The next morning brought cold rain and an early departure for Porto, further to the north. Portugal’s second largest city and famed for its sweet Port wine, Porto stands gracefully above the northern banks of the Douro River. Arriving on the train, the first thing a visitor will notice are the towering bridges that connect Porto and its more modern neighbour Vila Nova de Gaia. One such span, the Dom Luís I Bridge, arches majestically over the river and brings to mind images of Paris’ Eiffel Tower. This is no accident; the bridge’s designer, Léopold Valentin, was one of Gustav Eiffel’s young protégés.
The lights of Ribeira glisten in the cool night air, the historic center of Porto, declared a UNESCO World Heritage Site in 1996 (Portugal’s 8th)Parts of Porto, with boarded up buildings and scrawled graffiti, hint at the city’s hard-scrabble past as a shipping port and decades of economic despondency. Closer to the Douro River, the buildings are older and the area more well-preserved. Riberia, belying Porto’s more recent economic struggles, is an exquisite gem of august architecture, fine restaurants and majestic bridges. UNESCO certainly thought so, naming Riberia a World Heritage Site in 1996. Dining on Portugal’s superb cuisine and sweet Port wine with the Don Luis I alight in the darkness as a backdrop is truly a singular pleasure.
Lisbon, Once Again
After a short train ride from Porto, I was once again in Lisbon for the final days of my journey. Arriving into Lisbon via train is an aesthetic pleasure. Gradually you close in to the city, with its stately hills falling into the broad Tagus river-side. The train then pulls into Oriente Station, its radiant lattice-work canopy towering high above the station platform. Designed by Spanish master Santiago Calatrava, the station is further part of the 1998 World Expo complex. After a quick check-in at the hotel, I again set out onto the streets of Lisbon ready for my next discovery.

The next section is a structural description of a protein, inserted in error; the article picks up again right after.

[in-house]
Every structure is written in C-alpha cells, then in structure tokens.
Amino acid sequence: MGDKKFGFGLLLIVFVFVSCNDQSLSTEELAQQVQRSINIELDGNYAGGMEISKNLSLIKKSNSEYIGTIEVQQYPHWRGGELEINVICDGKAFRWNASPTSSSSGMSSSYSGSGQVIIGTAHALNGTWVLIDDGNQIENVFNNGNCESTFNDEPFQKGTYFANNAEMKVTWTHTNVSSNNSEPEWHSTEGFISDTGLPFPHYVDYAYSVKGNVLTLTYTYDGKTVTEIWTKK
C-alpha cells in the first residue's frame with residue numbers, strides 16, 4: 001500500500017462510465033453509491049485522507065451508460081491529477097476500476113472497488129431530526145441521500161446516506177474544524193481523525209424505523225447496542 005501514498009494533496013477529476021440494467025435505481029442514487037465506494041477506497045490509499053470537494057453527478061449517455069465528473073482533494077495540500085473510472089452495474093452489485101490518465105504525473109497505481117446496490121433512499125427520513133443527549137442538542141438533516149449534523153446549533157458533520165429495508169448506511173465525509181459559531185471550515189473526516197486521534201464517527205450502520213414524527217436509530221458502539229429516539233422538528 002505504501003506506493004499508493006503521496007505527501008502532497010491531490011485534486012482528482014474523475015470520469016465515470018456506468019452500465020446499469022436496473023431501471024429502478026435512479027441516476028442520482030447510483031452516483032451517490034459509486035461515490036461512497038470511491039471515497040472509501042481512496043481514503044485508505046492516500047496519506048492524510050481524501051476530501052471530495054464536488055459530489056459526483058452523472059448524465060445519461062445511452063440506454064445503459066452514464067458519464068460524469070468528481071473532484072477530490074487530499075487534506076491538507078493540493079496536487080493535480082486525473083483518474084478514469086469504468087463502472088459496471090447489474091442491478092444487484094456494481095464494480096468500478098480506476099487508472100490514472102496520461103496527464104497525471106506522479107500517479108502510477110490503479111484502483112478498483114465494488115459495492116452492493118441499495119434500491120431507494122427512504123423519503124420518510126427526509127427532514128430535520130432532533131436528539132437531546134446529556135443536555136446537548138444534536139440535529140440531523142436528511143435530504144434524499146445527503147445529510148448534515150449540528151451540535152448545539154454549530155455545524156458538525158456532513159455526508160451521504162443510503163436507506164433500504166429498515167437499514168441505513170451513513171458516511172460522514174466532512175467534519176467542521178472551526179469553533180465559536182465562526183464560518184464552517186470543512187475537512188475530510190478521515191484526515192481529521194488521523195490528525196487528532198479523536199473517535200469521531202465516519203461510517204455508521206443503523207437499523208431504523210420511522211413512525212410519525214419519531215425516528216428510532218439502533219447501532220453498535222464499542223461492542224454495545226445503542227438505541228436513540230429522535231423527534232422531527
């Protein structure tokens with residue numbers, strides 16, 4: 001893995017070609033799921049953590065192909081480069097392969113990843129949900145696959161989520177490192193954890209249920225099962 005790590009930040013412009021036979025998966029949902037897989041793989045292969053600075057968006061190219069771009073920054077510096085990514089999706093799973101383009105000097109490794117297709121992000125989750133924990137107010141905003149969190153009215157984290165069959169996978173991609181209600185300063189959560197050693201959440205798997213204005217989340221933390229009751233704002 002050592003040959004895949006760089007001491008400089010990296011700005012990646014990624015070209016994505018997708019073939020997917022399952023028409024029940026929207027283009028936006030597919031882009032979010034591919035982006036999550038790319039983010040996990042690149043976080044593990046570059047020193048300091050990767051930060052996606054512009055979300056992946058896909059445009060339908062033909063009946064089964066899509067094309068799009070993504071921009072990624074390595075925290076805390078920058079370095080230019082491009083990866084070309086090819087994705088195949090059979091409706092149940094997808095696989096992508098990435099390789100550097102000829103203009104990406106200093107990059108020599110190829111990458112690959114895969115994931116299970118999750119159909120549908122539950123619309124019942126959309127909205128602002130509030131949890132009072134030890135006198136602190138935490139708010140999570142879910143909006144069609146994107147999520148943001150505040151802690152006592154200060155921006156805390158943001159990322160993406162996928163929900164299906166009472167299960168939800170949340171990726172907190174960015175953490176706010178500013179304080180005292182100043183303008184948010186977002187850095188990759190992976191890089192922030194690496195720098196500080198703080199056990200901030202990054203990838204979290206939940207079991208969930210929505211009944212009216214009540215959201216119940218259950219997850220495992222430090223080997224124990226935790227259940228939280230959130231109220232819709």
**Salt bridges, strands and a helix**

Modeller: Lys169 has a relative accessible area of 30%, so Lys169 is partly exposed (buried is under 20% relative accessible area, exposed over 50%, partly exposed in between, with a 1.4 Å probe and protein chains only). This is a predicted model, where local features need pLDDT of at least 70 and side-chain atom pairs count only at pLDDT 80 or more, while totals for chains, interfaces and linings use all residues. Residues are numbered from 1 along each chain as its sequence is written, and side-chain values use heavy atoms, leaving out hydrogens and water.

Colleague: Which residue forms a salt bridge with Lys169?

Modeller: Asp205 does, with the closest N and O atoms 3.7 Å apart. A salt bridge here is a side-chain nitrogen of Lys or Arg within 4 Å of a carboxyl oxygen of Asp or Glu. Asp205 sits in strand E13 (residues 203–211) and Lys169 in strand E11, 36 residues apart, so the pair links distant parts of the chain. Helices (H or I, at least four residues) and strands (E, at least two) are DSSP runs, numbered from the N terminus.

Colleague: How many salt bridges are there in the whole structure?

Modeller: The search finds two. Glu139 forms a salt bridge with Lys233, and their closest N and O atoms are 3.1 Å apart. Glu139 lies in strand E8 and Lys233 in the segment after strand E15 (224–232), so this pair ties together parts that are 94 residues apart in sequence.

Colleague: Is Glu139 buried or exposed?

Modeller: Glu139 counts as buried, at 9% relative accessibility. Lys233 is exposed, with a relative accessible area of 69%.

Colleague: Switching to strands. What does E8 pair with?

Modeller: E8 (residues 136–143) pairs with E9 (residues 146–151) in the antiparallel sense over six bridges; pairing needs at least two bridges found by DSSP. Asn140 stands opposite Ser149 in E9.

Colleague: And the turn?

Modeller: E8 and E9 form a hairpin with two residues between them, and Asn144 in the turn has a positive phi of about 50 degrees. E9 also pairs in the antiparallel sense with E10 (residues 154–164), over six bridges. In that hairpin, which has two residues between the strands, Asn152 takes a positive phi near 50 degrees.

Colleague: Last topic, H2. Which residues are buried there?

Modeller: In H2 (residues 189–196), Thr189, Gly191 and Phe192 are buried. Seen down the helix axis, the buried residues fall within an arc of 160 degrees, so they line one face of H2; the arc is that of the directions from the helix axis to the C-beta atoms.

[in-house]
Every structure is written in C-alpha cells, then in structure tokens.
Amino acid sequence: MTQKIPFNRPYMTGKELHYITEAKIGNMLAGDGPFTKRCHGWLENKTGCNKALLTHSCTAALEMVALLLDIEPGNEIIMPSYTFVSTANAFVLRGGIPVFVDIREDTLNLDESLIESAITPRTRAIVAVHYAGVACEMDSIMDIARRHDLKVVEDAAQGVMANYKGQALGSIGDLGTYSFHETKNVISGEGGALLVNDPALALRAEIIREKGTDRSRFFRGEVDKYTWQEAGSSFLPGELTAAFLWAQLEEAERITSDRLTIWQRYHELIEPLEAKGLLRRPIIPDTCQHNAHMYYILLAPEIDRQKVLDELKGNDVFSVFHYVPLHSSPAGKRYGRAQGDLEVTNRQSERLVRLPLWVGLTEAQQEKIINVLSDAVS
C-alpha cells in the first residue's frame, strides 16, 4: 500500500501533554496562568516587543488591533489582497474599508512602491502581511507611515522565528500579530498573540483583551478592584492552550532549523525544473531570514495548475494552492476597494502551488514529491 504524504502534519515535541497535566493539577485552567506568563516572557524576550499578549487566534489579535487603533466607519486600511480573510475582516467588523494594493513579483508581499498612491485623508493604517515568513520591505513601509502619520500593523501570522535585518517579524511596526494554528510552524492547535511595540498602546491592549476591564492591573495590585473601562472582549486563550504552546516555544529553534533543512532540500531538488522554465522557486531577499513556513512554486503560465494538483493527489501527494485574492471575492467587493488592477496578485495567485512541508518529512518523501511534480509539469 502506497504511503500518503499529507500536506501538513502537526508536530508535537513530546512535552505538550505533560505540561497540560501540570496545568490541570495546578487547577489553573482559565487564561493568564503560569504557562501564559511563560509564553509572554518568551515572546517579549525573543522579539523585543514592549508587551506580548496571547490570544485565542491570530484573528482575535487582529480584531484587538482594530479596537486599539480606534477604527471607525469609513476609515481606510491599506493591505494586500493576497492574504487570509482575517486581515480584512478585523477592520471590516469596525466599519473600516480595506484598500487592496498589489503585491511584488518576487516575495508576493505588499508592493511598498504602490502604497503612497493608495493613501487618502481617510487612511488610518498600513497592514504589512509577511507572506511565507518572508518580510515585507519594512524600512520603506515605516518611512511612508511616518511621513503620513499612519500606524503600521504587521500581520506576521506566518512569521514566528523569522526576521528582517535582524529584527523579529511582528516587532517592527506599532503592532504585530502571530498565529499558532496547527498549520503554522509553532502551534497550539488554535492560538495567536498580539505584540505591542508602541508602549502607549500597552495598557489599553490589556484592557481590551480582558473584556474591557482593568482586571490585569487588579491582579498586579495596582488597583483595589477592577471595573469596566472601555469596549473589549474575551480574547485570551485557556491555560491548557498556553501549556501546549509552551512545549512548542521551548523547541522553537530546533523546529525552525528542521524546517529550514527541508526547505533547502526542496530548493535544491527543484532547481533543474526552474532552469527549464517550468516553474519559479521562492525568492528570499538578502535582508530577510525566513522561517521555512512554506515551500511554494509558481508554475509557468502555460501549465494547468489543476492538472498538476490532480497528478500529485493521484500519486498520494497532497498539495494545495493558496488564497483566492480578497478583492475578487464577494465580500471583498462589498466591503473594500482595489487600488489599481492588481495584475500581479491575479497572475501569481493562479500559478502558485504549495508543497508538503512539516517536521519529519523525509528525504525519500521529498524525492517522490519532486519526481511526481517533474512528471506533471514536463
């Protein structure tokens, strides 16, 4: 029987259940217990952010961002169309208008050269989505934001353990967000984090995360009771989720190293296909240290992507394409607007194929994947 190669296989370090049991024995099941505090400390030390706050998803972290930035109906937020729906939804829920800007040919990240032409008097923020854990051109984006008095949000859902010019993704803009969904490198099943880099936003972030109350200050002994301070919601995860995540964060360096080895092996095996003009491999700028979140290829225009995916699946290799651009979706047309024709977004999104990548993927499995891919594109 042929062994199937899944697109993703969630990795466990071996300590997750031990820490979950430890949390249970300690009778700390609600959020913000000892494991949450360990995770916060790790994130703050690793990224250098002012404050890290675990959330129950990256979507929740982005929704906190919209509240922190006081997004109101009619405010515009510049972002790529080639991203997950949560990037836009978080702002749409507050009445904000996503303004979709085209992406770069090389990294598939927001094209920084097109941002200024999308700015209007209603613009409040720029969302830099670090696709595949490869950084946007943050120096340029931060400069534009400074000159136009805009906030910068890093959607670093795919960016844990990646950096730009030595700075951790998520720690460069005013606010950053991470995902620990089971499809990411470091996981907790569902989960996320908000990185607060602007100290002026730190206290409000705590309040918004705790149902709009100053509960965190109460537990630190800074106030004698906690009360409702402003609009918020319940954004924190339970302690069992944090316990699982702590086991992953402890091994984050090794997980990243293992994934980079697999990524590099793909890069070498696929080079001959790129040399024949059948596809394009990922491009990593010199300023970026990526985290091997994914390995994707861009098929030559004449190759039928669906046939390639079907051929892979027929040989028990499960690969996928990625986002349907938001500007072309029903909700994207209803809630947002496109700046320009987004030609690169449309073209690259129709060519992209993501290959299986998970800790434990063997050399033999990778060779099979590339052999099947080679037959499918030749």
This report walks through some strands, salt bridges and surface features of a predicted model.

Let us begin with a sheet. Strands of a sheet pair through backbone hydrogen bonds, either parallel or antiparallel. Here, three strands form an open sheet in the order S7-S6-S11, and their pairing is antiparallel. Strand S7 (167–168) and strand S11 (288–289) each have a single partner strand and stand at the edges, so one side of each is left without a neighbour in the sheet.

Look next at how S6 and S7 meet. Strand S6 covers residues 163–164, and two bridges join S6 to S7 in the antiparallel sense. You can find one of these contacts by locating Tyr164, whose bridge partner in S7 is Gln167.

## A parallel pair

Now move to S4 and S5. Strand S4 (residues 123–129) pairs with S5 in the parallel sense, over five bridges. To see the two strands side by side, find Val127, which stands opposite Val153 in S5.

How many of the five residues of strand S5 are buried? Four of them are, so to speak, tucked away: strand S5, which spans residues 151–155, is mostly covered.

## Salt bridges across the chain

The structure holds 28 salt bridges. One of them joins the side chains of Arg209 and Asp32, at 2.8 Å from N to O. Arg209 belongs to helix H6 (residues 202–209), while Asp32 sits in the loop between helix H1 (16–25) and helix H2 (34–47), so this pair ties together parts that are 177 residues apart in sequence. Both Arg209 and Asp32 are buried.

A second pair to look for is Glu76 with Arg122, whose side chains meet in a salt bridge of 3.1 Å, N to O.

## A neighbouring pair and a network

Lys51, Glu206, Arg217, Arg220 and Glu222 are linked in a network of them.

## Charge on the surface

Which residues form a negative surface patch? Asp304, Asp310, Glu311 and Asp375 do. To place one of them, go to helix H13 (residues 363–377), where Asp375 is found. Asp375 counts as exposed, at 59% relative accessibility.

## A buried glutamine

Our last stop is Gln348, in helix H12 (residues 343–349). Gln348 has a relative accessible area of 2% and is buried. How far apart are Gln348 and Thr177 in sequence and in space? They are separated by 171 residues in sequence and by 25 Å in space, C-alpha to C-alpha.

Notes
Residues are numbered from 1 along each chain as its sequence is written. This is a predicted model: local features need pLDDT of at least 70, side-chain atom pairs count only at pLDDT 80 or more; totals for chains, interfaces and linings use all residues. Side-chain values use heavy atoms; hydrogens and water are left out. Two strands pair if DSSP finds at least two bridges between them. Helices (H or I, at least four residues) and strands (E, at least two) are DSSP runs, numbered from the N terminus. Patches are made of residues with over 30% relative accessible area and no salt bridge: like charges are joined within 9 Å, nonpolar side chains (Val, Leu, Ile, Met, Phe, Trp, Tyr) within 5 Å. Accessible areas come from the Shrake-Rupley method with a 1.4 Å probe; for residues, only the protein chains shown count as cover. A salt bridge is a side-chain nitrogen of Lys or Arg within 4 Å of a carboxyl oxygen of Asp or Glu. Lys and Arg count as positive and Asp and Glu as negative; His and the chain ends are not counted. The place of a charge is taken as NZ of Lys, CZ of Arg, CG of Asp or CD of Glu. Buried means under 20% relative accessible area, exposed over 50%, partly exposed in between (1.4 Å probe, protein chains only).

Museu Nacional de Arte Antiga
While exploring Barrio Alto, I stumbled upon one of Lisbon’s great museums, the Museu Nacional de Arte Antiga. Given the nation’s religious tradition, the crucifixion of Christ is a reoccurring theme in this museum’s bountiful collection. Through a wide variety of media, Christ is depicted in graphic detail dragging his cross, being nailed to it, suffering almightily for our sins, dying and, finally, blessedly, being removed from said cross and laid to rest in a cave, ready for his imminent resurrection. The excruciating exactitude of many of the works border on the macabre. Alas, much of the rest of the museum was closed for renovation, so Christ’s allegorical agony will be my most vivid memory of the Museu Nacional de Arte Antiga.
Belém Tower and the Mosteiro dos Jerónimos